Drugs / Clay
Wrestling with Plato. Another white pill
and the night seems to shine --

night posts, more orange than sunshine,
in these end of times. Wrestling with Plato --

the suburbs choke because it is too dangerous to roam
these streets at night, the night posts are empty

and there are more-than-robbers about. I miss the city
where there are witnesses, I miss the country 

where there is happiness -- another white pill.

Here in the land of the dead,
everything's familiar.
The trees are green and the night posts are late to start.
Black writings scribbled on red walls,
endless protests. The huts are filled with students again:

girls and boys, their faces young, beautiful, untouchable,
their minds like clay. Even hell is illusion.


Five days before the death of Kian I had a mental breakdown. I poked my eyes out, then walked the streets of our subdivision at night. I was pulled out of it not by the voice of my family, nor by the barking of dogs, but by a motorcycle passing by -- blind, I could not see whether it was one rider, or two. Whether the helmet's glass was too dark to view. Not that there would be anyone there to witness: everyone was asleep, or studying, or watching television. 

I didn't write this for him. I didn't write this for my country, although the more political side of me frames it as such. The first half, I wrote five days after the breakdown, on the exact day of Kian's death, when my mother took me to a psychiatrist. The second half, I wrote another five days later, when I returned to university. Those trees, those night posts, those huts: they're all part of the university circle, where activists nowadays march constantly.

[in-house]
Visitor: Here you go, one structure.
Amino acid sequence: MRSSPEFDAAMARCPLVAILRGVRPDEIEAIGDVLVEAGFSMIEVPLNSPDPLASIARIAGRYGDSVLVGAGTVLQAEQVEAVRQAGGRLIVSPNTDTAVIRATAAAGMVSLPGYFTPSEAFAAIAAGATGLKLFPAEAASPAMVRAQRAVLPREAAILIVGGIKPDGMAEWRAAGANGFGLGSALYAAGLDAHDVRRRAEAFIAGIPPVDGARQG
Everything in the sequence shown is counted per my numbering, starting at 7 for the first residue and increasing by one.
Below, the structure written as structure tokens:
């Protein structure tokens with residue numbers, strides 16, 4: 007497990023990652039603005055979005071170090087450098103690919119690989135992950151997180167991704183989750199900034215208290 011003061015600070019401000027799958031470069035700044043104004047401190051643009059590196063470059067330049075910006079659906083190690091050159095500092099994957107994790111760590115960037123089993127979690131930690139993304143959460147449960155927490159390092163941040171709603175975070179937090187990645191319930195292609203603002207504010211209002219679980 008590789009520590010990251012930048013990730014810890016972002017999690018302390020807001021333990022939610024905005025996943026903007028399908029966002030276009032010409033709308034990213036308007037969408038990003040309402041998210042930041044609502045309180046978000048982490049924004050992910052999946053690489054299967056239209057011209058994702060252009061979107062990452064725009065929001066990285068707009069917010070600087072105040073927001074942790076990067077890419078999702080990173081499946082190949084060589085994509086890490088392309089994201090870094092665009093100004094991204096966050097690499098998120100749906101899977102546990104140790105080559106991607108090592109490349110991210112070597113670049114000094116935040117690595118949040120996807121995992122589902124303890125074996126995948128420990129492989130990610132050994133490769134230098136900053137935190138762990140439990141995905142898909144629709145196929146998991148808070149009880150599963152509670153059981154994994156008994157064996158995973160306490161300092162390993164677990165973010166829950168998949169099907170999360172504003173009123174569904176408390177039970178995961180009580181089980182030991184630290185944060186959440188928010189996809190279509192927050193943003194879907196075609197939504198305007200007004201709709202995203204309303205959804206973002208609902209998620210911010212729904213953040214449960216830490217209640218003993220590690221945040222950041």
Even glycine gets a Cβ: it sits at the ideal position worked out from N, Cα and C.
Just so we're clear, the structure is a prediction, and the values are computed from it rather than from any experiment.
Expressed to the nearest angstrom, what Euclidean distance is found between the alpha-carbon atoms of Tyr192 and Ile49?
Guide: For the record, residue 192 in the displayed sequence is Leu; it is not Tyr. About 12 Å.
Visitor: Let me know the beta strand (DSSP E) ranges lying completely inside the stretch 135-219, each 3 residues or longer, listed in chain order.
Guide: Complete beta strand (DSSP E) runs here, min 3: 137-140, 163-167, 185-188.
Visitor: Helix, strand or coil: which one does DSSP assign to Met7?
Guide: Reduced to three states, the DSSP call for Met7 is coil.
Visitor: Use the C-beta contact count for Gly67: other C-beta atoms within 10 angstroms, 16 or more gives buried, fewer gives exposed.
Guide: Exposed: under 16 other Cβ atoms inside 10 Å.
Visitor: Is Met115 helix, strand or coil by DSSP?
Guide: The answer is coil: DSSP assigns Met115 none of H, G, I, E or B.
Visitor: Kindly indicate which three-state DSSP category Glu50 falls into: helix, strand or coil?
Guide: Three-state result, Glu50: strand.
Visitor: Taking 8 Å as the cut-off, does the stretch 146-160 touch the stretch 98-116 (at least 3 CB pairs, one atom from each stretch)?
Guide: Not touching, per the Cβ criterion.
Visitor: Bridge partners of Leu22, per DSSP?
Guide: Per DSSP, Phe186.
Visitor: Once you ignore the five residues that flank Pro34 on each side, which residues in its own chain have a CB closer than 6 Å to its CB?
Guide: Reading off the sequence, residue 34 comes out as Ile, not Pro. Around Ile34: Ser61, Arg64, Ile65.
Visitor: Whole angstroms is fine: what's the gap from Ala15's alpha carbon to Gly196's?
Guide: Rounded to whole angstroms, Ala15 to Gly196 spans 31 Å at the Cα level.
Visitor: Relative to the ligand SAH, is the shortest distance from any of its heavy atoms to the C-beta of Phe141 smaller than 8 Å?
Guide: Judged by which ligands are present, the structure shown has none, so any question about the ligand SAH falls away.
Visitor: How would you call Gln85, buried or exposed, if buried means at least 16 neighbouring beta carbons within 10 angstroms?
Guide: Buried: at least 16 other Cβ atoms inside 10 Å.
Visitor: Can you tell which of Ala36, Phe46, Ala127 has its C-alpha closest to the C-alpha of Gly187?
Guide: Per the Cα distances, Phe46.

I don't join them. I can't say I'm a coward, or I'm unconcerned, or I'm fighting my own battles. I can't say I don't know anyone, or those that I do know I'd rather not march alongside with. I can't even say that I don't believe marching doesn't work -- I know it doesn't, but my heart remains hopeful. All I can say is that on that night, five days before the death of Kian, I died. I'm still dead today. I walk in the land of the dead.
Sorry about all the tinkering. I keep going back and forth between making this a political statement -- cannibalistic, but there's a certain thrill to saying something, especially when it comes so rarely to me -- and just going the more personal, more narcissistic, more honest route. And when I posted this, I really wanted a cleaner, three-part structure, although now I find the diaristic last part distasteful. Thus, this compromise.
This is great, the spoiler works well as an extension to the poem too.

I can't say I know much about the political situation in the Philippines, just what filters through to North American media, but I enjoyed this. I like the title too.
"Writing about music is like dancing about architecture."
I can't say I know much about it either, since I don't have the time to go into the news as deeply as I would. That said, things are getting scarier, and I say that speaking as a private individual -- as a political individual, things have been scary since the campaign season, although I wasn't quite conscious of that until the first few months of the current administration. The killings that recently made the headlines were of youths below my age, belonging to roughly the same socioeconomic class, and living in places close enough to home. Thanks for the consideration.

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